Tenn. lawmakers debate morality of President Trump's first budget

Medicaid, a program Trump vowed to leave untouched during his campaign, is set to lose $800 billion in funding over the next decade, according to a White House official who spoke to CNN.

But Democrats on the committee slammed the administration, and charged that much of the cuts would rip apart the nation's "social safety net".

The Congressional Budget Office plans to release its estimate Wednesday of what impact the Republican House-passed health care bill would have on coverage and premiums.

The President wants legislators to cut at least $610bn (£471bn) from the Medicaid - a healthcare programme for the poor - and more than $192bn (£148bn) from the Supplemental Nutrition Assistance Program (Snap), the modern version of food stamps - as well as several other initiatives. The new program has been championed by Trump's daughter, Ivanka.

That compares with 28 million under age 65 who would lack insurance that year under the current health law signed by President Barack Obama.

Mr Mulvaney also told the panel that "it'll be very difficult" to balance the budget in future proposal without cutting back the growth of Medicare and Social Security - the big retirement programmes that President Trump left alone in this year's effort.

Other cuts include $63 billion to pension benefits for federal workers by eliminating cost-of-living adjustments for most workers and requiring employees to make higher contributions.

Most of the health proposals would directly hit the federal level, but many would trickle down and eventually be felt on the state and local level - and there are a few changes that states would feel immediately.

President Donald Trump's budget chief delivered a spirited defense of the plan's deep spending cuts, but his agriculture secretary offered only a half-hearted endorsement of proposed reductions to farm subsidies and food stamps.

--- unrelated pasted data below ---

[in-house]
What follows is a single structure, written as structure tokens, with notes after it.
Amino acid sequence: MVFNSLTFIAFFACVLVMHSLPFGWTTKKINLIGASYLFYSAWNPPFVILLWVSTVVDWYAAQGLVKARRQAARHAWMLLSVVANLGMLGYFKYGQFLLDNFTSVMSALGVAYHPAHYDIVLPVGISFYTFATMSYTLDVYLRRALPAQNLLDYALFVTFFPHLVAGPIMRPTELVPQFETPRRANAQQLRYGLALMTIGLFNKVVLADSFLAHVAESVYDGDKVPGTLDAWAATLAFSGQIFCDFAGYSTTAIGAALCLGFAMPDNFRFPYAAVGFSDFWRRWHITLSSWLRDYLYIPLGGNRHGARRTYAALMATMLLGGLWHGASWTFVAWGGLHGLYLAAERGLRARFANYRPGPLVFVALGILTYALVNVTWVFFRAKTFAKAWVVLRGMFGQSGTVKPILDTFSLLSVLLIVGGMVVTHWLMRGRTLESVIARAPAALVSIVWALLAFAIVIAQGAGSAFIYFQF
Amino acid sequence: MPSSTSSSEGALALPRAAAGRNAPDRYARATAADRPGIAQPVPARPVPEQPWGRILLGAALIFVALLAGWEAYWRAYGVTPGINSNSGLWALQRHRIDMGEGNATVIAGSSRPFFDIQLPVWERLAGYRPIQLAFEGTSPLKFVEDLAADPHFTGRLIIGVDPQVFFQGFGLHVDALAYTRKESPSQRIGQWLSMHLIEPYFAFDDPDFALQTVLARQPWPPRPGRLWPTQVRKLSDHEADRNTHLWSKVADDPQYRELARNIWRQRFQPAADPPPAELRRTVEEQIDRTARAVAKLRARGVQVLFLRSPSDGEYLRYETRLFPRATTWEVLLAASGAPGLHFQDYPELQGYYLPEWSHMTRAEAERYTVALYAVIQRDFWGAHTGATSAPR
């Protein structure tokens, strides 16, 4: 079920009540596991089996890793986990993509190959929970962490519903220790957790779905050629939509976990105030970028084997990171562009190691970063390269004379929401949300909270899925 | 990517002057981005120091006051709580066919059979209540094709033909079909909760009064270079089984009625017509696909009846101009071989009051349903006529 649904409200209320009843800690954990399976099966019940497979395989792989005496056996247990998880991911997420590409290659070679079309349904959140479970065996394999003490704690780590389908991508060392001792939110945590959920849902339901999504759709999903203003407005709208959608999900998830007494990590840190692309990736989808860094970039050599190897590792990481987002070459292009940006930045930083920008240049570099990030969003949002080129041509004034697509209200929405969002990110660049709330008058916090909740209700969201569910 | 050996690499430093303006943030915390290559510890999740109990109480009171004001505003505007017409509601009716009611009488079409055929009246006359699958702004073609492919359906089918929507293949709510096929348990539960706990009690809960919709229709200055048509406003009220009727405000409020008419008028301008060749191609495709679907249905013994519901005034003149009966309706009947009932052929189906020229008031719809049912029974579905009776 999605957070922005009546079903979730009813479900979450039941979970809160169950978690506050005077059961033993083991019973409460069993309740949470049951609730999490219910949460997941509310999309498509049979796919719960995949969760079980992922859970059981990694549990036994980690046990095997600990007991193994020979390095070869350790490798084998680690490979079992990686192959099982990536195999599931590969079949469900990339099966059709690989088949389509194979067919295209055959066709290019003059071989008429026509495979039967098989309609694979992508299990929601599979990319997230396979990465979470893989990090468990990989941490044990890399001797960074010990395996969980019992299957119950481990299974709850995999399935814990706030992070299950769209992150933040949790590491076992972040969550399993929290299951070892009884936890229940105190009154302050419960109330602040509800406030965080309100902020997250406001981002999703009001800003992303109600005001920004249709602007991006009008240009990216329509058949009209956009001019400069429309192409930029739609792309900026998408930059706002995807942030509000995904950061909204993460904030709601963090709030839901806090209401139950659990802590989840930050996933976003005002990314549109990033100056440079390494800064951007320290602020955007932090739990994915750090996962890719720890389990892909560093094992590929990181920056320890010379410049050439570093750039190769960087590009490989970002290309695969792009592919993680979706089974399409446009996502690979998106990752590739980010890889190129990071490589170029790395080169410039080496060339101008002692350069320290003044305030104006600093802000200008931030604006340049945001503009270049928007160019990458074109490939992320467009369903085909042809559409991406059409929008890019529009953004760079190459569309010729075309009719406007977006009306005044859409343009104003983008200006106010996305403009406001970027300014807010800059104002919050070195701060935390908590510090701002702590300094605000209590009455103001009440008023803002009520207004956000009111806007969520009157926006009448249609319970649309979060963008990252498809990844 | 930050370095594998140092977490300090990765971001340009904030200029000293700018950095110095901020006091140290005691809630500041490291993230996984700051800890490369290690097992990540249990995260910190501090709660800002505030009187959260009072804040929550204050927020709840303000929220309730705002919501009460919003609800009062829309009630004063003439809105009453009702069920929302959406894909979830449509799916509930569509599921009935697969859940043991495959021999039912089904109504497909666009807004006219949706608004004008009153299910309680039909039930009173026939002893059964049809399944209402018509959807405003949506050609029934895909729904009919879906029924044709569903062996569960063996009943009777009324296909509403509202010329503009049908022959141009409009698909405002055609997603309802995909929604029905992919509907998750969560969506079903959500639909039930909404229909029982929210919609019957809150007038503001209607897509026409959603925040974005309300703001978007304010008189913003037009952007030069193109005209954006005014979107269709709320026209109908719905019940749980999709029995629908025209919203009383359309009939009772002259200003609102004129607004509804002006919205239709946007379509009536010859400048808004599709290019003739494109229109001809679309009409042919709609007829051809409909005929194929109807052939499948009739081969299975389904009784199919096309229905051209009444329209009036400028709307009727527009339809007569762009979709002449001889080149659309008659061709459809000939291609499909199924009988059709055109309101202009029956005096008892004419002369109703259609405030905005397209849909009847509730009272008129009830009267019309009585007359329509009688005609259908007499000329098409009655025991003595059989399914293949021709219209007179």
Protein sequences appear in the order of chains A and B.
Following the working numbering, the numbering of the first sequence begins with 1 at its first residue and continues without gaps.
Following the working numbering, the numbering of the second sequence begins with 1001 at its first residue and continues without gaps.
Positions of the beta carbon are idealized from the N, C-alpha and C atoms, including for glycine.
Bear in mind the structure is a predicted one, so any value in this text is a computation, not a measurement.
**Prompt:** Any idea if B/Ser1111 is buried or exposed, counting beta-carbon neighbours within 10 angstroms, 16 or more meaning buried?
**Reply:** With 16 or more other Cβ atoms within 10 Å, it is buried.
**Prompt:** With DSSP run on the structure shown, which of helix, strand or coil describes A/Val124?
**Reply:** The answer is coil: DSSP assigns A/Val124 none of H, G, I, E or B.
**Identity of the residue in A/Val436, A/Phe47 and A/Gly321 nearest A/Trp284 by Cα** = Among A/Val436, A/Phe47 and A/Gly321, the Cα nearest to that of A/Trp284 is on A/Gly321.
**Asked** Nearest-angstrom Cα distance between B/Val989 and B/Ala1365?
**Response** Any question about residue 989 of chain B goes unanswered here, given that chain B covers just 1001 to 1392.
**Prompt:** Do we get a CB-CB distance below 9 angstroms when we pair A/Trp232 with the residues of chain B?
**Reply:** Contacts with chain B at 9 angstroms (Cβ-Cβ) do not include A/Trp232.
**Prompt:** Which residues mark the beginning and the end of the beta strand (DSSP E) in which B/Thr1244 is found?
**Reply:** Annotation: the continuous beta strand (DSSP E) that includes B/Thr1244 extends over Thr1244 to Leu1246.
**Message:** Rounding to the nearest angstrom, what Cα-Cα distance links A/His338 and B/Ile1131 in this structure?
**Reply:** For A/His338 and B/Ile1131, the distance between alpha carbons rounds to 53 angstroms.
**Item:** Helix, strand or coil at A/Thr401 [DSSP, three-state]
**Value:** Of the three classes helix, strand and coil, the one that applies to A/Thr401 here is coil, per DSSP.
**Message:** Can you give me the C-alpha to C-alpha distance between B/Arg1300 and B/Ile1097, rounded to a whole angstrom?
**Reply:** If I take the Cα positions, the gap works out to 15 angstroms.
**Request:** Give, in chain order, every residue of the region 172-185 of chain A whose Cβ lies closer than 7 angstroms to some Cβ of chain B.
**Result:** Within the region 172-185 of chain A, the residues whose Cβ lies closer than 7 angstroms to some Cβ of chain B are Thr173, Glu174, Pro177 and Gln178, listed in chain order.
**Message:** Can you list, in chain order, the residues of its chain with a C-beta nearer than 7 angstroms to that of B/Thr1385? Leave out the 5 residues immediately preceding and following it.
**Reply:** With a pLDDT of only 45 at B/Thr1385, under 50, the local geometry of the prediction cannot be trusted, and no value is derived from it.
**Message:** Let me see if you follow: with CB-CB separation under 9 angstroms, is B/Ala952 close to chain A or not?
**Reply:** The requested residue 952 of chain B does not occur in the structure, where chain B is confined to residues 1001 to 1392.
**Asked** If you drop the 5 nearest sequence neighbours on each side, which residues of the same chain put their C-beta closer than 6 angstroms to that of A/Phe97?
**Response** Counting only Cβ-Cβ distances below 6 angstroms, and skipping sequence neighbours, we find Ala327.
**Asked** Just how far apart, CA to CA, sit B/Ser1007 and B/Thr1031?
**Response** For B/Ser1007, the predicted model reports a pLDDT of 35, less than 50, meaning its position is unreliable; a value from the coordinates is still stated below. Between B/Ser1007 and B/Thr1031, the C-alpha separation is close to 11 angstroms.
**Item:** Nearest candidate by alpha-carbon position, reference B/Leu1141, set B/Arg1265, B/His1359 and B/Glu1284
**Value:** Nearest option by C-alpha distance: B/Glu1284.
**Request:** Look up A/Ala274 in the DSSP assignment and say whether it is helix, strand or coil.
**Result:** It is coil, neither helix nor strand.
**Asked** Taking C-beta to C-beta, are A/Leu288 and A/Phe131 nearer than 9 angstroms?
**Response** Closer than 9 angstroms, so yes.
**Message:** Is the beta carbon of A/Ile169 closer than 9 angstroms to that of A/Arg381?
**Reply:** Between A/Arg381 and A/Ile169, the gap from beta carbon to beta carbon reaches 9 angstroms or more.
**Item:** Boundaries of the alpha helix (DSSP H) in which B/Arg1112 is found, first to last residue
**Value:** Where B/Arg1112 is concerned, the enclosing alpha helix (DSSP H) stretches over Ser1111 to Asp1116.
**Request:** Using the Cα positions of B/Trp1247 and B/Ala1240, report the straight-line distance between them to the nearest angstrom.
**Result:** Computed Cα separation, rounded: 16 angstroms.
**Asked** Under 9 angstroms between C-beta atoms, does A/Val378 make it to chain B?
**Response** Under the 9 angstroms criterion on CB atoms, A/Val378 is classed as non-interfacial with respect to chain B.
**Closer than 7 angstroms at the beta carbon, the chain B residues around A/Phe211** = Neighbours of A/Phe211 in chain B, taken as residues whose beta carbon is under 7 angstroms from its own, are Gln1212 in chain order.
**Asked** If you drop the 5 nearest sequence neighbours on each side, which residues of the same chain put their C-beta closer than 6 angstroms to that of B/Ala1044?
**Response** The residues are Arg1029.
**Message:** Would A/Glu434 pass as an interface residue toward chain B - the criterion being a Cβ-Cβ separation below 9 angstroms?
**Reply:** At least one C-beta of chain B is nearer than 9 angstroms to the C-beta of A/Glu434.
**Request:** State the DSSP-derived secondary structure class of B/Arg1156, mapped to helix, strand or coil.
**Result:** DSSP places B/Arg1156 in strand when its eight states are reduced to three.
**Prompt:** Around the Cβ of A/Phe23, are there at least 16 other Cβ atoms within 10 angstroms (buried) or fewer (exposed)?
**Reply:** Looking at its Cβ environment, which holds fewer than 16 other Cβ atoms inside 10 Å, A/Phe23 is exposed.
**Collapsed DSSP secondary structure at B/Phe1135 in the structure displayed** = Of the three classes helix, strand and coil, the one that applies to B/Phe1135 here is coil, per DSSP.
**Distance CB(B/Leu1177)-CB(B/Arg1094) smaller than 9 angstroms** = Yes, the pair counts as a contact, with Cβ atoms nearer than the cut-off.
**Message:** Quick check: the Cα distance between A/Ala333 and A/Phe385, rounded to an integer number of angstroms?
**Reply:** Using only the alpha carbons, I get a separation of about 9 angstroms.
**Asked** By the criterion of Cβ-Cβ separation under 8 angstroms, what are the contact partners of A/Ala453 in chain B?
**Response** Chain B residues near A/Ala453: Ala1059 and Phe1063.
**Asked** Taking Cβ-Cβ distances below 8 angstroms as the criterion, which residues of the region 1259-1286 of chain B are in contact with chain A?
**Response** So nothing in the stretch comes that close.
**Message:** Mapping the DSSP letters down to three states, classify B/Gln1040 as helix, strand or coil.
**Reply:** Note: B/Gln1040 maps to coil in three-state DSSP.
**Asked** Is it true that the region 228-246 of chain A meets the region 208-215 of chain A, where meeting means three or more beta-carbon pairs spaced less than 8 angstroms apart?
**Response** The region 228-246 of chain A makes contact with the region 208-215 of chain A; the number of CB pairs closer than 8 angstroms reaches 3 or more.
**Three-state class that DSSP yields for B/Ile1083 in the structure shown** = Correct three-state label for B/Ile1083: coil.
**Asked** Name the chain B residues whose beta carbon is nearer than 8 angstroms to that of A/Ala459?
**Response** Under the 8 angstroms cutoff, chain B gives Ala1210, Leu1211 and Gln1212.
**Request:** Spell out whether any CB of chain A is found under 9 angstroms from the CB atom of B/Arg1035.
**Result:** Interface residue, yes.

Trump won support from GOP leaders.

It's important to note that the budget proposal is largely a presidential wish list.

Heritage Action, a conservative advocacy group, disagreed and said Trump's plan would put taxpayers first by rallying Republicans around reform for expensive safety-net programs. The bill would need 60 votes in the Senate, and Democrats have strongly opposed any changes to the program.

While a majority of SNAP recipients are in urban areas, there has been an increase in rural areas.

"It gives a massive tax break to the wealthiest, while imposing painful and debilitating burdens on tens of millions of decent and hard-working people".

The Idaho Center for Fiscal Policy is a nonpartisan, nonprofit group that analyzes state budget issues.

But Andrew Feinberg, a reporter with Russia's Sputnik news outfit, pointed out that numerous children who would be cut off under Trump's proposal are USA citizens.

But Mulvaney ensured that the administration would not take "any deserving person off any program", saying the administration looks at it from difference perspectives: "folks who receive benefits and folks who pay for benefits".

"Our argument was instead of. giving somebody $100mn, we could give them a smaller number worth of loan guarantees and they could actually buy more stuff".

Lucy Melcher of the anti-hunger group Share Our Strength says some people aren't able to find work in their areas and have no access to job training.

"And also, let me remind you, [Agriculture] Secretary [Sonny] Perdue mentioned that it was a program that was working, why fix it if it's not broken, and he appeared to not be aware that you all were going to recommend these cuts", Lee added.

He also thinks that some people stuck in poverty do make bad choices - such as dropping out of school or getting pregnant - that worsen their economic outlook.

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